S E A R C H D V D B e a v e r
(aka 'The Snake God')
Abandoned by her rich industrialist husband on a remote Caribbean estate, Paola befriends Stella, a beautiful local girl who is an adept of a hidden voodoo cult. The two women become inseparable, sharing their most intimate secrets. All goes well until Paola demands that Stella take her to one of the voodoo ceremonies that she attends every week. There Paola falls under the spell of Djamballa, the powerful snake god, from whose magic there is no escape.
Theatrical Release: November 28th, 1970 - Italy
DVD Review: Mondo Macabro - Region 1, 7, 8 - NTSC
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|Distribution||Mondo Macabro - Region 1, 7, 8 - NTSC|
Average Bitrate: 8.29 mb/s
NTSC 720x480 29.97 f/s
NOTE: The Vertical axis represents the bits transferred per second. The Horizontal is the time in minutes.
|Audio||Italian (Dolby Digital 2.0)|
with Piero Vivarelli (14:11)
adverts from Mondo Macabro (7:30)
I don't know if this is a bone-fide genre - kind of a tropical-ero-interracial dillio or simply snake-motif - but I expect so. It hints at more sexuality than showing skin - although there is a touch.
A decent, anamorphic, progressive SD transfer from Mondo Macabro. It's dual-layered with a high bitrate and the image quality is impressive for the format. There were very few irregularities that you might anticipate from this era and the visuals were clean and bright. Good news again that I don't see any digital manipulation. Kudos!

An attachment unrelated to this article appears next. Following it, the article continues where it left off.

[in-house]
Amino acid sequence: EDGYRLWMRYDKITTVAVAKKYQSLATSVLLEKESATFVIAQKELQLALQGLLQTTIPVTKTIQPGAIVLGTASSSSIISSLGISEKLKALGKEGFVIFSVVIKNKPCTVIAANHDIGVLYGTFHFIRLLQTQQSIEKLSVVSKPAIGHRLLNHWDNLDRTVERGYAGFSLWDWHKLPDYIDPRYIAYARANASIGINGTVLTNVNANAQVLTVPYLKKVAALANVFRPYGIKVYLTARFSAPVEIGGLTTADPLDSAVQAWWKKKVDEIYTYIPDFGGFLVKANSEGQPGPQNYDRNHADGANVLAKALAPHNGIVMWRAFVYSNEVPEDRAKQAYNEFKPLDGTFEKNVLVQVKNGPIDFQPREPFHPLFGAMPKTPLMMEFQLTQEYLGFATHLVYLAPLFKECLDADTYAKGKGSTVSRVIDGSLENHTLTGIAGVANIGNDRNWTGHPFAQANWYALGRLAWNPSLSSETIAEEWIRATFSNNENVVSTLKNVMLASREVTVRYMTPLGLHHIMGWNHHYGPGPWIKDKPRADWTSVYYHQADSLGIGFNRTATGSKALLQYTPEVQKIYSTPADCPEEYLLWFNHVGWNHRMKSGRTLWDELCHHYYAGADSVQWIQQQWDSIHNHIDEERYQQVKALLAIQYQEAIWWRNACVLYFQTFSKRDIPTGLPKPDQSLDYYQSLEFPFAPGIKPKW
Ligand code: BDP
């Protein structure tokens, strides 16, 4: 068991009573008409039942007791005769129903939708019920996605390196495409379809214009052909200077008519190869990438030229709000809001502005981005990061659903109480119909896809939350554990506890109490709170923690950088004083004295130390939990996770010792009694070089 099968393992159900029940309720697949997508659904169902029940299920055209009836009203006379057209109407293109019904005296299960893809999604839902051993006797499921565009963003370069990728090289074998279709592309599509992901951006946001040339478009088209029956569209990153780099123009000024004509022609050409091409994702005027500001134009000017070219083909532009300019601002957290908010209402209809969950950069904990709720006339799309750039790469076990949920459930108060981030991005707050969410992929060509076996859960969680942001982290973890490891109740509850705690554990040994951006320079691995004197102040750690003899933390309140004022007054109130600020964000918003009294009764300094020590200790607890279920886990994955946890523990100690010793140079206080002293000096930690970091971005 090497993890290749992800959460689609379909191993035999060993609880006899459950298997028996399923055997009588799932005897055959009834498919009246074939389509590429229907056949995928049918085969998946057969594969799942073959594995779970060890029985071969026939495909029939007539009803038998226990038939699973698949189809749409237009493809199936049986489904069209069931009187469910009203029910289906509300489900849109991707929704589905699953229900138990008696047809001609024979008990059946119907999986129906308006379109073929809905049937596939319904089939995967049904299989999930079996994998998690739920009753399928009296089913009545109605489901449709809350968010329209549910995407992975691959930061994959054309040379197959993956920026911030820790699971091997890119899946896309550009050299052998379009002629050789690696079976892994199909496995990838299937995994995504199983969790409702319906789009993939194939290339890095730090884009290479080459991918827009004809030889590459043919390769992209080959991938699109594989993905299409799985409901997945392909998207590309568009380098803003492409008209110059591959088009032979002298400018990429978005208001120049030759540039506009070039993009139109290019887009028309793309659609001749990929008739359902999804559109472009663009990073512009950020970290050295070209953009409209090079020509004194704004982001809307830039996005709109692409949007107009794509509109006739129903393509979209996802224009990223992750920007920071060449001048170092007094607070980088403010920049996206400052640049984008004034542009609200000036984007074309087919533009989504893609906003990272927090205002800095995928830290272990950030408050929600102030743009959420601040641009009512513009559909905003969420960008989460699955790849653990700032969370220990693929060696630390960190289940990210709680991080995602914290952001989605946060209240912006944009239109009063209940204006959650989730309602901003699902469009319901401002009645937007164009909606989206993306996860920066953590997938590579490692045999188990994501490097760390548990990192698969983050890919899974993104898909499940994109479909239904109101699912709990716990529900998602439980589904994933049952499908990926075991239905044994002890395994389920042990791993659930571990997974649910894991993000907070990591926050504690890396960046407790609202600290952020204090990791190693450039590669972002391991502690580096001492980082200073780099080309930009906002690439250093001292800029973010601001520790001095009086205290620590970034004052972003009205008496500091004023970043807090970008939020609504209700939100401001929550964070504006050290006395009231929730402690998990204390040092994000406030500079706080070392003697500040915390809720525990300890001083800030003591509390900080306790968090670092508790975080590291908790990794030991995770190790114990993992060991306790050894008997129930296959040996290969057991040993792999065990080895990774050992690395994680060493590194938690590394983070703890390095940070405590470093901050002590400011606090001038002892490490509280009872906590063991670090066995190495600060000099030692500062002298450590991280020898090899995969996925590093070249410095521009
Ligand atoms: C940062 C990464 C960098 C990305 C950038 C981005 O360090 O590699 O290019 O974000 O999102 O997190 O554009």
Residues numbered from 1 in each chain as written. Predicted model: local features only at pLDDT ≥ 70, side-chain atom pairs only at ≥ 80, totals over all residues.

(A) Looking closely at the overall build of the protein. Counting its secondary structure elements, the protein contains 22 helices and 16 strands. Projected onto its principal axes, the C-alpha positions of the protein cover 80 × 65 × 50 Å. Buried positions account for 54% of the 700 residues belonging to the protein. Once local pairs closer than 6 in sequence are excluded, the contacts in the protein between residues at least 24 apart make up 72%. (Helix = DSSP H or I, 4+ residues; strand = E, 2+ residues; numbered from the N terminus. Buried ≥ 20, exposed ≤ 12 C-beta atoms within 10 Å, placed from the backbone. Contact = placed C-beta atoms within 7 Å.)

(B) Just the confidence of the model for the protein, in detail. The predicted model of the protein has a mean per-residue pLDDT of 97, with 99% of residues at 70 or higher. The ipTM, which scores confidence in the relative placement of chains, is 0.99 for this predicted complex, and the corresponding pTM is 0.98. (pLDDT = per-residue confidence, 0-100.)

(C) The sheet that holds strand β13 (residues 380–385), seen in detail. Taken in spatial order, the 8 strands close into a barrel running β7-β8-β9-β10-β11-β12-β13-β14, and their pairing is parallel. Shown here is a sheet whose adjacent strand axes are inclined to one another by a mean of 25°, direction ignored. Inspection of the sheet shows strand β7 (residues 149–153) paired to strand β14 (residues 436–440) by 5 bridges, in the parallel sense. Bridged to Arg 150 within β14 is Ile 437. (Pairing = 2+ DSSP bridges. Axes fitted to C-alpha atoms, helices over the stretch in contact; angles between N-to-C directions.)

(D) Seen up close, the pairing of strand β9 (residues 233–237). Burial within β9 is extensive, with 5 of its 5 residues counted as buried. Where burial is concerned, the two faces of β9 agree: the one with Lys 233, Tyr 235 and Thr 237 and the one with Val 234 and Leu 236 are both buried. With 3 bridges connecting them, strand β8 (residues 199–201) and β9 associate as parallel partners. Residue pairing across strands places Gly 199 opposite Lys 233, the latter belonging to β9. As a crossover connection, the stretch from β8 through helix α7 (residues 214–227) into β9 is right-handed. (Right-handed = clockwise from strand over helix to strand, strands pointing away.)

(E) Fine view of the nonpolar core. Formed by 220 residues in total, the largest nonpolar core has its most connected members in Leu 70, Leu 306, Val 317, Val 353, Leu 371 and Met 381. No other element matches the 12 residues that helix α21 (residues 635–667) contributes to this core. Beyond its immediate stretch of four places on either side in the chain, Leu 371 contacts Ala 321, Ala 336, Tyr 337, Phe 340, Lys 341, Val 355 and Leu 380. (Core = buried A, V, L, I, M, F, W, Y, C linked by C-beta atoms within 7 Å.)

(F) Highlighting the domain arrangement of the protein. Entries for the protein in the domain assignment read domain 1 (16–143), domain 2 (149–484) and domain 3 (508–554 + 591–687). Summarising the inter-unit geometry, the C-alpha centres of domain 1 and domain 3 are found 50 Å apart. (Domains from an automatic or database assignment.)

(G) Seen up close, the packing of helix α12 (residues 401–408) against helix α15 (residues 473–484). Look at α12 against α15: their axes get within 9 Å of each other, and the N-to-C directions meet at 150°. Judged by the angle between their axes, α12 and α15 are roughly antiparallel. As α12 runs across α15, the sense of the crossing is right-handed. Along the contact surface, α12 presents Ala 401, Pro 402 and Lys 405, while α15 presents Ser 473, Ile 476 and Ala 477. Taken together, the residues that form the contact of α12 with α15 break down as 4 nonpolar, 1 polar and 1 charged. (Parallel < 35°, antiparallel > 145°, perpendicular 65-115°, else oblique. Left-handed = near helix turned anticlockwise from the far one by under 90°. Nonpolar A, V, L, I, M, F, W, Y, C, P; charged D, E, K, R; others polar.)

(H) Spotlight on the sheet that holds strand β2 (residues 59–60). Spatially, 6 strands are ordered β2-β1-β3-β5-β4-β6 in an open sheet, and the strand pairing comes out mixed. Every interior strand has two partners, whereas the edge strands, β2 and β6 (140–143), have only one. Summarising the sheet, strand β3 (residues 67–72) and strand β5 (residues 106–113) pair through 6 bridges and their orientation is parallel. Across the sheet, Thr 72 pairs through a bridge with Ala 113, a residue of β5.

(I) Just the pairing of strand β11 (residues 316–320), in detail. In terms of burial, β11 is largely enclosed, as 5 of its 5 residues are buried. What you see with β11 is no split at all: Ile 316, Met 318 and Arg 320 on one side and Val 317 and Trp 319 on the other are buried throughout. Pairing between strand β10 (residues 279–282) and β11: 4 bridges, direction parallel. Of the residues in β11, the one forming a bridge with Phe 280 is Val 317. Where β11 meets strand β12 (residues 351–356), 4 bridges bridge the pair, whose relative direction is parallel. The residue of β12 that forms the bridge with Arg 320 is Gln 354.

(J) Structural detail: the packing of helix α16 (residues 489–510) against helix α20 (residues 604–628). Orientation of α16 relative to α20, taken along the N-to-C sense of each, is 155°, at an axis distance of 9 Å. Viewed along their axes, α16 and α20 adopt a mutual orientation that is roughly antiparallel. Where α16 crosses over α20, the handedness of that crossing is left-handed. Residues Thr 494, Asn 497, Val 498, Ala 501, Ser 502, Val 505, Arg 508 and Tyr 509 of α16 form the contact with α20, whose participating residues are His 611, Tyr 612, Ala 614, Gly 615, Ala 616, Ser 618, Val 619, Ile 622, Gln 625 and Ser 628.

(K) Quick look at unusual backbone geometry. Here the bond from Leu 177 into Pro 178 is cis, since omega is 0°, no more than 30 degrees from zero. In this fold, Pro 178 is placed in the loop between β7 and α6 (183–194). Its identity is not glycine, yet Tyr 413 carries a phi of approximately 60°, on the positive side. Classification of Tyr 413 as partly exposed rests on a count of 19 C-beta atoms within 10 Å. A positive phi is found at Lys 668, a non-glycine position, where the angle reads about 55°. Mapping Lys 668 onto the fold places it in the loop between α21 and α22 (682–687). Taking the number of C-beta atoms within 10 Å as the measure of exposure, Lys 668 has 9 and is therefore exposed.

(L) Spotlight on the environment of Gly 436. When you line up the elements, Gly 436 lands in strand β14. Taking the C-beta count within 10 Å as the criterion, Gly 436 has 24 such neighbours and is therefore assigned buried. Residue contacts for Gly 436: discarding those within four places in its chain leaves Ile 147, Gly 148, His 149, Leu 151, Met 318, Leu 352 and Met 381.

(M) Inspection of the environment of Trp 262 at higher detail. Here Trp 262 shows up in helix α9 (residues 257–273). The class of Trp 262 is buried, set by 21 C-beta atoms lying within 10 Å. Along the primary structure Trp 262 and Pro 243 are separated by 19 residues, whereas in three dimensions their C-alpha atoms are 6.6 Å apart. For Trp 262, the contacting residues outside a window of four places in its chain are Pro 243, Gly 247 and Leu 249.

Audio is Italian and, predictably, sync'ing has minor oddities. The soundtrack is appealing adding some nice flavour to the exotic outdoor cinematography of South America. Clear and discernable dialogue with optional English subtitles (a first for this film on DVD!). The DVD is region 1, 7 + 8 in the NTSC format.
NOTE: In case you are curious - region 7 is for MPAA-related DVDs and "media copies" of pre-releases - usually in Asia and 8 is international venues such as aircraft, cruise ships, spacecraft, etc.
Extras included an interesting 14-minute interview with director Piero Vivarelli where he is very frank and even amusing as well as his enjoyment of good music. There is also along trailer with shots I don't recall from the film, extensive text screen both 'about the film' and cast and crew profiles and lastly 7.5 minutes of trailer adverts from Mondo Macabro.
This has strong 70s Euro-trash nostalgia and genre appeal but the film has some merit and is interestingly shot - plus the soundtrack is kinda cool. Odd, for sure - but fans of similar will probably enjoy this un-bound tropical adventure.